There is no emotional call to action or trials. It does not speak to someone with a casual glimmer of interest in our sport. Generally, it speaks to the existing player looking for courts, and provides dry information. Compared to fitness marketing, which attempts to connect to the public with catchy slogans and emotional content about being a “better you” or “new year, new you”.
Most sports or trends achieve growth through casual participation by the masses. There are legions of casual yoga participants, for example. This type of growth has never been made more clear than by the explosive growth of pickleball in North America.
As a club owner, I have observed that most people participate in leisure or fitness activities on a casual basis. Casual players can often outnumber keen players at least 10 to one. These casual players often go unnoticed at clubs, paying their dues and supporting the game with large numbers. These players play once per week and have no interest in more organised play, like driving to a weekend tournament or to another club to play league matches.
However, these players pay the bills and offer the volume to justify courts. I believe we need more of these players, who will fund growth by sheer numbers. They will also do low commitment things like buying a new racquet on their lunch break or attending a pro event a few times per year. This all leads to more interest from sponsors and higher purses for our pros.
This is where pickleball works. It addresses the needs of casual players. It is a game that can be set up in any school gym, tennis court or parking lot. Because of the low cost to create a court, pickleball offers affordability for new players. An organiser can simply rent a gym and charge $5 per person for a night of pickleball. Add the fact that it is easy to play and you have a recipe for explosive growth. It is unapologetically casual, recreational and cheap.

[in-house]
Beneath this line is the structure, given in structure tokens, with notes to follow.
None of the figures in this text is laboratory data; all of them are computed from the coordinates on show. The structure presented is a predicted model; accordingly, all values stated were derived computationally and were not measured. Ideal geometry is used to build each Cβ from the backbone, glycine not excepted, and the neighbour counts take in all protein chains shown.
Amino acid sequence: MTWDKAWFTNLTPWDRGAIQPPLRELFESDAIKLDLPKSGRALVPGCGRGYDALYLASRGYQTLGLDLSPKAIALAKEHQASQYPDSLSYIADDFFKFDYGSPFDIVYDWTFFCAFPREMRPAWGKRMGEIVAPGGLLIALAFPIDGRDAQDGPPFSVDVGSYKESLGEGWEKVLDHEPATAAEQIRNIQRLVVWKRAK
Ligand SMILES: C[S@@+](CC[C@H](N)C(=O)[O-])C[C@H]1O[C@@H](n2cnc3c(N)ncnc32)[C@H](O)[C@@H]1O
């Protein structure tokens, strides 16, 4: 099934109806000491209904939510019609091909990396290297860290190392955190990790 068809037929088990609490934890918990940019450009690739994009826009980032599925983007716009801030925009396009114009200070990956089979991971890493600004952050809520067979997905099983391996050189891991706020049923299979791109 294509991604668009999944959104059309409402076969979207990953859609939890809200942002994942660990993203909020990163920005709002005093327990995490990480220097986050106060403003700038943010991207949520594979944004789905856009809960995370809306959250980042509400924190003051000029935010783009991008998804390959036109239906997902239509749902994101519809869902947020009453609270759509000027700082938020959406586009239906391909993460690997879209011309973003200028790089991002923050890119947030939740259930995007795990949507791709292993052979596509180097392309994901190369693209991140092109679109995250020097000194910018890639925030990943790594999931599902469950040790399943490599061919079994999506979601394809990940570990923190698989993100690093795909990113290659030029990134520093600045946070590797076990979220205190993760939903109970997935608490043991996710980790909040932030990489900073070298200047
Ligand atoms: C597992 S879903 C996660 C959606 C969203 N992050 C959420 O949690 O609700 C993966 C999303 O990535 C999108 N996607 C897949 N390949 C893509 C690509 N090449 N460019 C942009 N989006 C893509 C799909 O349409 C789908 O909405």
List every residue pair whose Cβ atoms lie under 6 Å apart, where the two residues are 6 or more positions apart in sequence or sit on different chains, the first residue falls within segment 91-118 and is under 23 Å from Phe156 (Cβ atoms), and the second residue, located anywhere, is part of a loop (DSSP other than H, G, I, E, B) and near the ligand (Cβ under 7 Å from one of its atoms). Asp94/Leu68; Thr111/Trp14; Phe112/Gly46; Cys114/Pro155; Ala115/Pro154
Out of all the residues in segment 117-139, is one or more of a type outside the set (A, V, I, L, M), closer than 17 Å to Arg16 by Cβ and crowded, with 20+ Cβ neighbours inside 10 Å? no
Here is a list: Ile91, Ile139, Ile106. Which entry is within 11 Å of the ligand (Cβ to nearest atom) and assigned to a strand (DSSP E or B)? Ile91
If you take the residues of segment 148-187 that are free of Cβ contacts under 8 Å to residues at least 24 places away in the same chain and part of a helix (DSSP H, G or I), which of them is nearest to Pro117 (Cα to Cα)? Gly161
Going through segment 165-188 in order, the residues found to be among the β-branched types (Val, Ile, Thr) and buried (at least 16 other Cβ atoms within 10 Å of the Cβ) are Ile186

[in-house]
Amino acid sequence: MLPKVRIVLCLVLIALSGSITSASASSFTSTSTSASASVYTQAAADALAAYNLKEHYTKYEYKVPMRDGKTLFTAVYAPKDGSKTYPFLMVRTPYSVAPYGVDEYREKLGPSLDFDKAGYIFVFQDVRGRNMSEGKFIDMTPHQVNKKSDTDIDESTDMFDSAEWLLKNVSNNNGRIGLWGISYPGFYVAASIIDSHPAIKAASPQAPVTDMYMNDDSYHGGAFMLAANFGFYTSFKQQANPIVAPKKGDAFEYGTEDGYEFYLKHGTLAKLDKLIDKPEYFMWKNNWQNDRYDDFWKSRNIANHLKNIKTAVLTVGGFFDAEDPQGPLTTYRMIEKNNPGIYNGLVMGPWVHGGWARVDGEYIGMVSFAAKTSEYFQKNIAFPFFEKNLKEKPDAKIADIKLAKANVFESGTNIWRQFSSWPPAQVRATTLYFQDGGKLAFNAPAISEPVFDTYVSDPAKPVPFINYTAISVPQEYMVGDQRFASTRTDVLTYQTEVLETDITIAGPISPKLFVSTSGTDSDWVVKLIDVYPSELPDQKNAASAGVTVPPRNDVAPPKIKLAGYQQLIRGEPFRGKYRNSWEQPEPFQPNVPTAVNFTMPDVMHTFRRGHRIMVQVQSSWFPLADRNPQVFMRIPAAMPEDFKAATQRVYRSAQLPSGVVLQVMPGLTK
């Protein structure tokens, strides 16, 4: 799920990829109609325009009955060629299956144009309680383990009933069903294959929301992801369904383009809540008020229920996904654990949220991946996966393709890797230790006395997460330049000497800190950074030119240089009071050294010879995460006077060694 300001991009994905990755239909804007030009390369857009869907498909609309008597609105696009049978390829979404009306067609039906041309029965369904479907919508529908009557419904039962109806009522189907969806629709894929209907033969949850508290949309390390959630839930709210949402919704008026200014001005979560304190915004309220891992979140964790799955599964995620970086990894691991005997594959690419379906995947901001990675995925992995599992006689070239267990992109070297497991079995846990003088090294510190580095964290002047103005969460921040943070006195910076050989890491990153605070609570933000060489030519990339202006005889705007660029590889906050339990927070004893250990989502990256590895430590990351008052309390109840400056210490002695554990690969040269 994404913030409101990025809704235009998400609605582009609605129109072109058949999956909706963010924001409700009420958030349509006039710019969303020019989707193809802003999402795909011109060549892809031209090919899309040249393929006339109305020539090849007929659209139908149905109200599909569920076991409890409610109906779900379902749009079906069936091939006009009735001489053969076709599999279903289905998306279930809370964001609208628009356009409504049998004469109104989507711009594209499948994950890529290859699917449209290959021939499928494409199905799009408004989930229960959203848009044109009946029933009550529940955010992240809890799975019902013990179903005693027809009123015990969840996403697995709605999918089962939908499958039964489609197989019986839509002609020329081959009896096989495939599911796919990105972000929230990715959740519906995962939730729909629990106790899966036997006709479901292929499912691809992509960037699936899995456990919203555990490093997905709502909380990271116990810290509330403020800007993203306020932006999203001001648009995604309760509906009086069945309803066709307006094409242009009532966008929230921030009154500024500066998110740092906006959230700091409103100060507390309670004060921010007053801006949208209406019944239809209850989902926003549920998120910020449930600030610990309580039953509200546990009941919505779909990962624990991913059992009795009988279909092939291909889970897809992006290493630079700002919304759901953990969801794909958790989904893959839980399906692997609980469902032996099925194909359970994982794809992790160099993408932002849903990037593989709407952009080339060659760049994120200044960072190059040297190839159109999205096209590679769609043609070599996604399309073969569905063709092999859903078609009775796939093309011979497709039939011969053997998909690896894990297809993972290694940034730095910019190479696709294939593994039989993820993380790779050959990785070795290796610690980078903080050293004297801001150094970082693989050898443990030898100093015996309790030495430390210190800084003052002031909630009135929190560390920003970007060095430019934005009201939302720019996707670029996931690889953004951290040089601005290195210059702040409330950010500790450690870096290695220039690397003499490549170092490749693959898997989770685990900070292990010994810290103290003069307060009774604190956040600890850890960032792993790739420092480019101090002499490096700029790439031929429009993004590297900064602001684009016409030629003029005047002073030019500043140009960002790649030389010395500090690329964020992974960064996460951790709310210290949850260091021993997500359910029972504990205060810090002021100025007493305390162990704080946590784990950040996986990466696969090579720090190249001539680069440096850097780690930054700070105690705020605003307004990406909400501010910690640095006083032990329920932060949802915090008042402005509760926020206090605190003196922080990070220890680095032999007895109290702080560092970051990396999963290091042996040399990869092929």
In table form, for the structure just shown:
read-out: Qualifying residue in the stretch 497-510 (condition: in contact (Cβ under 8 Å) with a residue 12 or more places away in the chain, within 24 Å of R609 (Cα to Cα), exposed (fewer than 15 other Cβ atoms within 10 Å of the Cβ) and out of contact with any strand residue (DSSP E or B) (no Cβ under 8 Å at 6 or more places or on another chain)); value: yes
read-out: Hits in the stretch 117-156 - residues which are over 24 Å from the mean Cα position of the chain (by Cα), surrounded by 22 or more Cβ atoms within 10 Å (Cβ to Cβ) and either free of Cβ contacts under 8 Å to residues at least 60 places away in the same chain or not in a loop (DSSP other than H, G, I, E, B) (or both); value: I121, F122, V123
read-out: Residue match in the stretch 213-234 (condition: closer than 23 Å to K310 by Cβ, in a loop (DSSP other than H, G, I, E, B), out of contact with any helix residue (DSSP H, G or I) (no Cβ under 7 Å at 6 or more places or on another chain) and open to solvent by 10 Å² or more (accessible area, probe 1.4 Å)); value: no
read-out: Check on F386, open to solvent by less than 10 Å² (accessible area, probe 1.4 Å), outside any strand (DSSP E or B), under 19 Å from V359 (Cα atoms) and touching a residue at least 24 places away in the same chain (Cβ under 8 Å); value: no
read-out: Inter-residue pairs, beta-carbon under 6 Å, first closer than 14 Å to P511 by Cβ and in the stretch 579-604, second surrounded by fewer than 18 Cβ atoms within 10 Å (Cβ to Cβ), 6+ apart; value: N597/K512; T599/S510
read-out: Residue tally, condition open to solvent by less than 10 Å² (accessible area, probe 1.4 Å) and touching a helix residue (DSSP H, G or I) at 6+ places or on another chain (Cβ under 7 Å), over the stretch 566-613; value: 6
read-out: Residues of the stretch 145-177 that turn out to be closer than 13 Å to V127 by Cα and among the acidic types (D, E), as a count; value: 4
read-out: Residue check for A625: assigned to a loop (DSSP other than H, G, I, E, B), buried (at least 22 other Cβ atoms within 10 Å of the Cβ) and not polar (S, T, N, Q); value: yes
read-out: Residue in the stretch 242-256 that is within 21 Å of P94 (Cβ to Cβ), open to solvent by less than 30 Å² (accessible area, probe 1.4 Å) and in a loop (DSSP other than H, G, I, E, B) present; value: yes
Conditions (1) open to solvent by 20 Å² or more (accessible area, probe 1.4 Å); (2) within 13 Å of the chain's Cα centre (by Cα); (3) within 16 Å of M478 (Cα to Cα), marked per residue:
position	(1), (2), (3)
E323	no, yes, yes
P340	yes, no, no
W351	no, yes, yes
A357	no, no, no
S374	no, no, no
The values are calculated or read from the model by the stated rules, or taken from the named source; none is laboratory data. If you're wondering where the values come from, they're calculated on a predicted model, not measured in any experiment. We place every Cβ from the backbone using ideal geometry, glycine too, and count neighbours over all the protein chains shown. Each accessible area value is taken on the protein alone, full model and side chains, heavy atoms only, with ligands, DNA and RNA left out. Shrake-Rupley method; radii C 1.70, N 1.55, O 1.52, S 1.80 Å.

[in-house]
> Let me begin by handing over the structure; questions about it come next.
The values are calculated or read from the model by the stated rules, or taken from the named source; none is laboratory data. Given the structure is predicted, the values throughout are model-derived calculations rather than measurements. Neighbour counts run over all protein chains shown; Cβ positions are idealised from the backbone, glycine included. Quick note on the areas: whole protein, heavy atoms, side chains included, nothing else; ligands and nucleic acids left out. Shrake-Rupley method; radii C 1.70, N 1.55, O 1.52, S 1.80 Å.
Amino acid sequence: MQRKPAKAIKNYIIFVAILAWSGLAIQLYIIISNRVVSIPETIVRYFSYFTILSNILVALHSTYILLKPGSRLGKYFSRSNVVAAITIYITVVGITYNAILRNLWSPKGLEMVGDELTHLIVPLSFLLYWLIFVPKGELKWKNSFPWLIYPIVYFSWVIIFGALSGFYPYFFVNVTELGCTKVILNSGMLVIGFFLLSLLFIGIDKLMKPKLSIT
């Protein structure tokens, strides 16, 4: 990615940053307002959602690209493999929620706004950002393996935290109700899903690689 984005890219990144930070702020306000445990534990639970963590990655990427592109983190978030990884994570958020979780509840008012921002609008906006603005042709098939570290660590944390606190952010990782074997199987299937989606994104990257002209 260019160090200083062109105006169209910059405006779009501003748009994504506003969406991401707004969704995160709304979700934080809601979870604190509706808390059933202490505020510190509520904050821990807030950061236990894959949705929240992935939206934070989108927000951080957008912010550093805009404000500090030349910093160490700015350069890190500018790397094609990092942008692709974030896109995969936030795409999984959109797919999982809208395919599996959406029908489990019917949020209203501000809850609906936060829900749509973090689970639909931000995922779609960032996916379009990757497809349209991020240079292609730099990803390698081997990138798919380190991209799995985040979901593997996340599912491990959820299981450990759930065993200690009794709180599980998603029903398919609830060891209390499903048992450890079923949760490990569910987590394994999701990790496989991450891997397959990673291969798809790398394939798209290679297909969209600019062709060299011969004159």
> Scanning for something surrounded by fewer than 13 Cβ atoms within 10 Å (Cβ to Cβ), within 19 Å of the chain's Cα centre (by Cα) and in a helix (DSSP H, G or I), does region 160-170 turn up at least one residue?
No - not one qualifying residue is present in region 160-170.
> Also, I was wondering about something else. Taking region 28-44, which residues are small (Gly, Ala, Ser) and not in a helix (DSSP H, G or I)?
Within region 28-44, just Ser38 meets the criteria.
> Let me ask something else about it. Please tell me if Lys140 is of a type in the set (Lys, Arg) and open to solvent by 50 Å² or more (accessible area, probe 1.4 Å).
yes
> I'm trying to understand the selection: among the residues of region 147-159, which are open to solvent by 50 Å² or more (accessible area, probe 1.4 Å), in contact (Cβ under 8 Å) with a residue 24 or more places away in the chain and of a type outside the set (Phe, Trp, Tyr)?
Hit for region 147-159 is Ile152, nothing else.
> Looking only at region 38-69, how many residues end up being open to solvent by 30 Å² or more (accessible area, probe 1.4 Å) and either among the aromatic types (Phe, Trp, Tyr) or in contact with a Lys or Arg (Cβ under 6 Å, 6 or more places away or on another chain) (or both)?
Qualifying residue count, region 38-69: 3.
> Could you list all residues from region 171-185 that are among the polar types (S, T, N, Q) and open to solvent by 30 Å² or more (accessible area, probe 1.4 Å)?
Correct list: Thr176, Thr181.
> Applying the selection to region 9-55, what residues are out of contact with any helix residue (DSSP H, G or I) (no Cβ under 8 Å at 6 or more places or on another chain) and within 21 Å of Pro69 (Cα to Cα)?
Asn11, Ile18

Sure, we squash players will argue that other games are slow or boring and that squash is a more dynamic sport. But, that is exactly the point. The casual player is looking for a bit of exercise, affordability, fun and social connection. Pickleball ticks all of these boxes. Casual players are not looking for court sprints, hours of technical training or drills.
Pickleball will eventually see more dedicated players and professional play as a result of popularity but these keen players will be the exception, as in all sports. I predict pickleball-specific indoor clubs will explode and we are already seeing a solid pro tour develop as sponsors see the numbers of casual players.
As an example, my sisters started playing, only having time to play once or maybe twice per week. They have already upgraded their paddles once and shared links to websites with fun pickleball T-shirts, thus investing in the sport.
Tennis shares some of the attributes of pickleball in terms of casual play, but it is not as perfect, but close. It does, however, have an edge over squash. Tennis courts can be outdoors and be offered in a public setting. This allows for casual play and a local public showcase of the sport.
Tennis is quite technical, but you can get outside and bat the ball around for little to no cost. The game can be played at a base level, as the hitting surface is large, the ball is big and the concept is simple; hit it over the net. As a bonus, it is outside, so fresh air is a huge selling feature, especially now. Tennis also offers doubles on the same court, which is appealing to older players.
It is not lost on me that tennis is somewhat inefficient in terms of space and ceiling height requirements for indoor courts in colder climates, but it really works in warmer places. It does have many of the attributes needed to make it popular.
So, if we entertain this idea of casual players as it relates to growth, what does our sport have in place to attract these types of players? What marketing do we have? What affordable courts do we have available?